The state of housing inequality in Colorado in 2021
Clear disparities in the ability to build wealth through property still exist
For many Black families, the American dream of homeownership in a community with good schools and economic opportunities remains more dream than reality.
The COVID-19 pandemic has further widened the already-cavernous wealth gap between Black and white communities and exacerbated inequalities that are the reality for Black families across the U.S.
New research shows that the long history of housing discrimination in the United States, though somewhat mitigated by the Fair Housing act of 1968, has had a devastating ripple effect that continues to plague Black families, preventing access to affordable housing, fair bank loans, and the ability to build wealth through home ownership.
Consider the following:
- The average Black family has less than one-tenth the household wealth of white families: approximately $12,780 in household wealth for Black households compared to $139,300 for white.
- The average median listing price in predominantly Black metro areas is $167,508, compared to $355,000 in neighborhoods where the percentage of Black residents is under 1%.
- Houses in Black neighborhoods are valued at less than half as much as houses in neighborhoods where less than 1% of the residents are Black. In some metros, houses in non-Black neighborhoods are valued over 600% more than Black neighborhoods.
- Black families pay $500 million more per year in interest on home loans than white families with similar credit scores.
Colorado’s chasm between the haves and have-nots
It’s true that Colorado’s property values are booming. Denver ranked as the fifth-best market for real estate investment, a boon for property investors looking to buy, sell or reinvest their capital gains.
But disparities between white and Black ability to build wealth through property still exist.
The median home price in 2020 in Denver zip codes where the Black population is less than 1% was $650,856. In zip codes where the Black population is greater than 20%, the median price dropped sharply to $390,900.
Similarly, average home values in Denver neighborhoods with a greater than 20% Black population were $373,568 compared to $448,337 for zip codes with less than 1% Black population.
In the renter’s market, Colorado ranks 9th in the U.S. for the gap between income and housing costs. A minimum wage worker must work 71 hours a week to afford a fair-market one-bedroom apartment in Colorado.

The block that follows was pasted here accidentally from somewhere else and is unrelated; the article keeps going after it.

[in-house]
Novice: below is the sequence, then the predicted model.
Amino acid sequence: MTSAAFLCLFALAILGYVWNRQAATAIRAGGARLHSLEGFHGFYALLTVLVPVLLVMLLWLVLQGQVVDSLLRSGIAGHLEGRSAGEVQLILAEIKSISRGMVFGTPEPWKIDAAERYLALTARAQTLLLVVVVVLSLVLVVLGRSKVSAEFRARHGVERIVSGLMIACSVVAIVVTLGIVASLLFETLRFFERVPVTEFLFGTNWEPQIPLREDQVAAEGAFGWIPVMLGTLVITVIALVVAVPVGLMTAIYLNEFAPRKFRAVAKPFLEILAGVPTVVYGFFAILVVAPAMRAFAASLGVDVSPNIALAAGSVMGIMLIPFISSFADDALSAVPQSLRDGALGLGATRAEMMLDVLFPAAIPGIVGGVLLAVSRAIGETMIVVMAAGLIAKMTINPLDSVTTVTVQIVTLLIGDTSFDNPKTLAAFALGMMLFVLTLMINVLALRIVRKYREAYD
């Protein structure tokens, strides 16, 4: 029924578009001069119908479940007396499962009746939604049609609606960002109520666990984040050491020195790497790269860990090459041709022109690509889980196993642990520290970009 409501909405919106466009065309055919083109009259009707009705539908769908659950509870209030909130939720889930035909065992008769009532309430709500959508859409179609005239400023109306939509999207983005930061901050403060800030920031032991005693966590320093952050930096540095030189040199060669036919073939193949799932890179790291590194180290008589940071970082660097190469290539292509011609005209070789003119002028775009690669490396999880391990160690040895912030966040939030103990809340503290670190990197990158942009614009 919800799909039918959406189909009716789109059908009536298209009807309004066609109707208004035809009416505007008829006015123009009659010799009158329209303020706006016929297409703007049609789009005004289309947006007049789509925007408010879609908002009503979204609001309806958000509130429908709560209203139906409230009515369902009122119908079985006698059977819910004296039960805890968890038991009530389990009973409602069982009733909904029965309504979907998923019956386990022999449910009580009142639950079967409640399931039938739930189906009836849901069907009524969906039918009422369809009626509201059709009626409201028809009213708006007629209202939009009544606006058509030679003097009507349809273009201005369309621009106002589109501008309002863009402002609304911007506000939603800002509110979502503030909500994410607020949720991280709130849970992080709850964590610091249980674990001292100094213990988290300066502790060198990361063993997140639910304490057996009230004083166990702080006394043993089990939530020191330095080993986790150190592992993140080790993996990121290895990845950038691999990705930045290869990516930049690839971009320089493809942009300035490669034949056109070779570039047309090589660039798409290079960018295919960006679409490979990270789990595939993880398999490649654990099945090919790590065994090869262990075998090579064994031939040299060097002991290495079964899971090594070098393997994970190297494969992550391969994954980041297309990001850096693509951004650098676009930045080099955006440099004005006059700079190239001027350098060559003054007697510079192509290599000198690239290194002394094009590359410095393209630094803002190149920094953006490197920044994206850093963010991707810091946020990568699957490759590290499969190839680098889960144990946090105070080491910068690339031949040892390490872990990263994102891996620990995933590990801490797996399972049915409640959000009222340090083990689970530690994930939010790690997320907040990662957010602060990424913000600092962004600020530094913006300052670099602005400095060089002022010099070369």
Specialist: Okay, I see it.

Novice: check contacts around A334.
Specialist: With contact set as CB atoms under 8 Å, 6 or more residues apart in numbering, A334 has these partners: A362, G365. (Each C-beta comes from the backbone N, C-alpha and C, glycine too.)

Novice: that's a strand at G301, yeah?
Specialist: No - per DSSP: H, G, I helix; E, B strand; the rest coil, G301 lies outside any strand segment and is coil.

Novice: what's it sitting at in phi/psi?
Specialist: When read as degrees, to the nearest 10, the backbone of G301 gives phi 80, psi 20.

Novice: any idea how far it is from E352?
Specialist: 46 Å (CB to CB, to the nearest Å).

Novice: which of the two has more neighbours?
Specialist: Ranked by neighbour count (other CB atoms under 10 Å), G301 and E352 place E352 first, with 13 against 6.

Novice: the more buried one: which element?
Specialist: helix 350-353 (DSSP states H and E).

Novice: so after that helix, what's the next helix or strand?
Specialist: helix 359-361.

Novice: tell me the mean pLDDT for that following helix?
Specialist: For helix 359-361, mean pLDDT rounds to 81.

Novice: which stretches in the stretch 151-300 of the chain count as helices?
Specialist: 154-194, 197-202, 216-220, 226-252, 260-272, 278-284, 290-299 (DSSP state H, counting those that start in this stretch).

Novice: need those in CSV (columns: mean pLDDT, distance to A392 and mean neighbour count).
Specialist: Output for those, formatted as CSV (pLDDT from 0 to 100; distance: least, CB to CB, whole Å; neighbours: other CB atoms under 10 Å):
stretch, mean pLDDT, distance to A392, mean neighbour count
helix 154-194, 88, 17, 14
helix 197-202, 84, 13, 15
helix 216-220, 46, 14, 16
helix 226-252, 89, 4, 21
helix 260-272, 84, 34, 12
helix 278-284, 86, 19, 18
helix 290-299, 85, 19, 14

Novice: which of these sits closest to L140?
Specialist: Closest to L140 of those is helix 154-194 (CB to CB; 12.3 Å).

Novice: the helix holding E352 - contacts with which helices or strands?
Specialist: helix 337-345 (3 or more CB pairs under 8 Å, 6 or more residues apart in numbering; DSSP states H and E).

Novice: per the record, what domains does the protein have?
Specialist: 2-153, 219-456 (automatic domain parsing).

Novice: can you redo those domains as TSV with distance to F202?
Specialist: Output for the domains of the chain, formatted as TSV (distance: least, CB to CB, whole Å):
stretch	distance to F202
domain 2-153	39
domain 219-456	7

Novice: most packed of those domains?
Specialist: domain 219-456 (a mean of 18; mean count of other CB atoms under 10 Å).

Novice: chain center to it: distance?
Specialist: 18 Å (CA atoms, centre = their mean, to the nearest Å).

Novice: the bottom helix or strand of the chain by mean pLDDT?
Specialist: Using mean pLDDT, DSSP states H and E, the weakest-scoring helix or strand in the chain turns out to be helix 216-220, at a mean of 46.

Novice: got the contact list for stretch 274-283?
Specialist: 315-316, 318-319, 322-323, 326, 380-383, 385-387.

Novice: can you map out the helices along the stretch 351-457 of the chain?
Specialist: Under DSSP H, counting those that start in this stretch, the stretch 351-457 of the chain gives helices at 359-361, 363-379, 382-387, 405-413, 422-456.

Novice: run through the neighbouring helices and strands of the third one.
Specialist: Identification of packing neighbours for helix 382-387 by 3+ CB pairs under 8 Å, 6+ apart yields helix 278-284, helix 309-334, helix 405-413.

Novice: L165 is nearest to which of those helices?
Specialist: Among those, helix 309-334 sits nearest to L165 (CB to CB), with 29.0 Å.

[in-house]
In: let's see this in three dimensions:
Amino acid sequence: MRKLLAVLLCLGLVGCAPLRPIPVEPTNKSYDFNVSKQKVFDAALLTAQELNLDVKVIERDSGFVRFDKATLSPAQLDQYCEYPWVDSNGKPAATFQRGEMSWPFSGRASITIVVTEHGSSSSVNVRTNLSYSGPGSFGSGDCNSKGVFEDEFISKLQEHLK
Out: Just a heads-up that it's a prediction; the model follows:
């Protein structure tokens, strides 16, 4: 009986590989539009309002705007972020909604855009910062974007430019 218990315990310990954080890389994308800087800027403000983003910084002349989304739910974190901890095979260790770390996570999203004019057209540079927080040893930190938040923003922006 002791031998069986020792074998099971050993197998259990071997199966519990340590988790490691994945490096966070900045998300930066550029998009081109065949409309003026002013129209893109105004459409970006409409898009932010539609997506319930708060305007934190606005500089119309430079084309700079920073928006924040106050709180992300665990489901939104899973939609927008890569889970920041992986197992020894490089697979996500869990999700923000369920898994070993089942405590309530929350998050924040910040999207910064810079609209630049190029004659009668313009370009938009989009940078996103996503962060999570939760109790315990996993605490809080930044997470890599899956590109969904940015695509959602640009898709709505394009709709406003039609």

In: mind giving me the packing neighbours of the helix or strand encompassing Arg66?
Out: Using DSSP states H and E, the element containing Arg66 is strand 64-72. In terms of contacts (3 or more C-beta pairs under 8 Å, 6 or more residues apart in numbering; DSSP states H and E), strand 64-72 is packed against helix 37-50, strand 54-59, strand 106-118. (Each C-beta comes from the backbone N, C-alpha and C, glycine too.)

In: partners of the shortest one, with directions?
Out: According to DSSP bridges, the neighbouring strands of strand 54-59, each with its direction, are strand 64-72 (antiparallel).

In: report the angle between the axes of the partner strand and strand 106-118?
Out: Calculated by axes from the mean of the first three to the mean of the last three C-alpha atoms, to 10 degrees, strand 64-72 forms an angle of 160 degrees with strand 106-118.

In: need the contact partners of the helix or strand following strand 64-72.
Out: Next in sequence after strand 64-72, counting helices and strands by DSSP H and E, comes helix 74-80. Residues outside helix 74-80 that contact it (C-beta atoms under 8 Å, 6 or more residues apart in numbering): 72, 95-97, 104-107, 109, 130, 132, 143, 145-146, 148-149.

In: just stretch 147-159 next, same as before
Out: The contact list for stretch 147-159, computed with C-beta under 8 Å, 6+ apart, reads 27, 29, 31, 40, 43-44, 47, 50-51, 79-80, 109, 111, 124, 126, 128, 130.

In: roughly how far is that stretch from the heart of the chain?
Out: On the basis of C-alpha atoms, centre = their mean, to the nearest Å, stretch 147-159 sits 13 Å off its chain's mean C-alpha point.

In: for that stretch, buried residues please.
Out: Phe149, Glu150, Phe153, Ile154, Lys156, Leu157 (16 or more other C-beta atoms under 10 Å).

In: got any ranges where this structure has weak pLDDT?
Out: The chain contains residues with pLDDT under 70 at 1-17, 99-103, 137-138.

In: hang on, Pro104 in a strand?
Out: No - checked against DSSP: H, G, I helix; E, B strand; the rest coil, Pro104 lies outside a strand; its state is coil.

Affordable housing is out of reach for many, even as they look outside of metro areas such as Denver and Boulder to areas like Aurora for more reasonably priced housing to rent or buy.
Black families face barriers to building wealth
Traditionally, homeownership is a major factor in wealth building, but in the last fifteen years, Black homeownership has declined more sharply than for any other racial group in the U.S.
Without intergenerational wealth, Black families are statistically more likely to carry heavy student loan debt and potentially have to defer it, have greater instances of bankruptcy, and are more vulnerable to subtle discriminatory practices when applying for a fixed mortgage.
Some gains have been made, however, as Black middle-class millennials are changing the landscape. One analysis shows that 5% of homebuyers in the first three quarters of 2020 were Black, which equates to a 3% rise since 2019.
Strategies like banking stimulus checks in savings, reducing personal spending and taking advantage of record-low mortgage rates have allowed Black millennials access to homeownership that may previously have been out of reach. Although a step in the right direction, this 5% is still too low.
The benefits of closing the wealth gap
The burden of wealth inequality affects the overall economy, not just Black communities.
- Equalizing homeownership rates alone would decrease the racial wealth gap by more than $40,000.
- Revitalizing Black neighborhoods can lead to a healthier economy: Every 10% increase in total housing market wealth translates to $147 billion in additional consumer spending.
- Building just 100 new low-income housing units could immediately create 80 jobs, plus an additional 72 jobs supported by ripple effects and new residents.
Revitalizing neighborhoods benefits not only local residents but also strengthens the local, regional and the national economy overall. Homeownership has a stabilizing effect, attracting more businesses, jobs, and brighter economic outcomes to the surrounding area.
Dream Builders 4 Equity, a 501(c)3, is using its cornerstone Real Estate Program to provide youth aged 16 to 24 in the St. Louis area with employment, training and mentorship. Working alongside minority contractors, they rehab vacant homes to be sold to first-time home buyers.
Their youth-centered model allows participants to develop skills for upwardly-mobile, living-wage careers, in addition to mentorship by successful role models who look like them.
Dream Builders 4 Equity’s five-year plan includes rehabbing 25 vacant homes for first-time home buyers, infusing more than $5.6 million into the community through minority contractor revenue and labor wages, and creating 250 living wages jobs. The model is highly adaptable and scalable for virtually any U.S. metro area — including Denver and other Colorado cities.
Closing the American wealth gap requires addressing its root causes at every level, including the long-standing systemic inequities of racism and discrimination. It will not happen overnight, or with a single solution, but wealth generation through homeownership is one tool that must be available to all Americans if the gap is to close permanently.
Kristen is the PR editor at Clever, a real estate data firm. In her free time, she enjoys reading, traveling, and cheering on the Denver Broncos and Missouri Tigers. Connect with Kristen on LinkedIn, or reach out to her at firstname.lastname@example.org.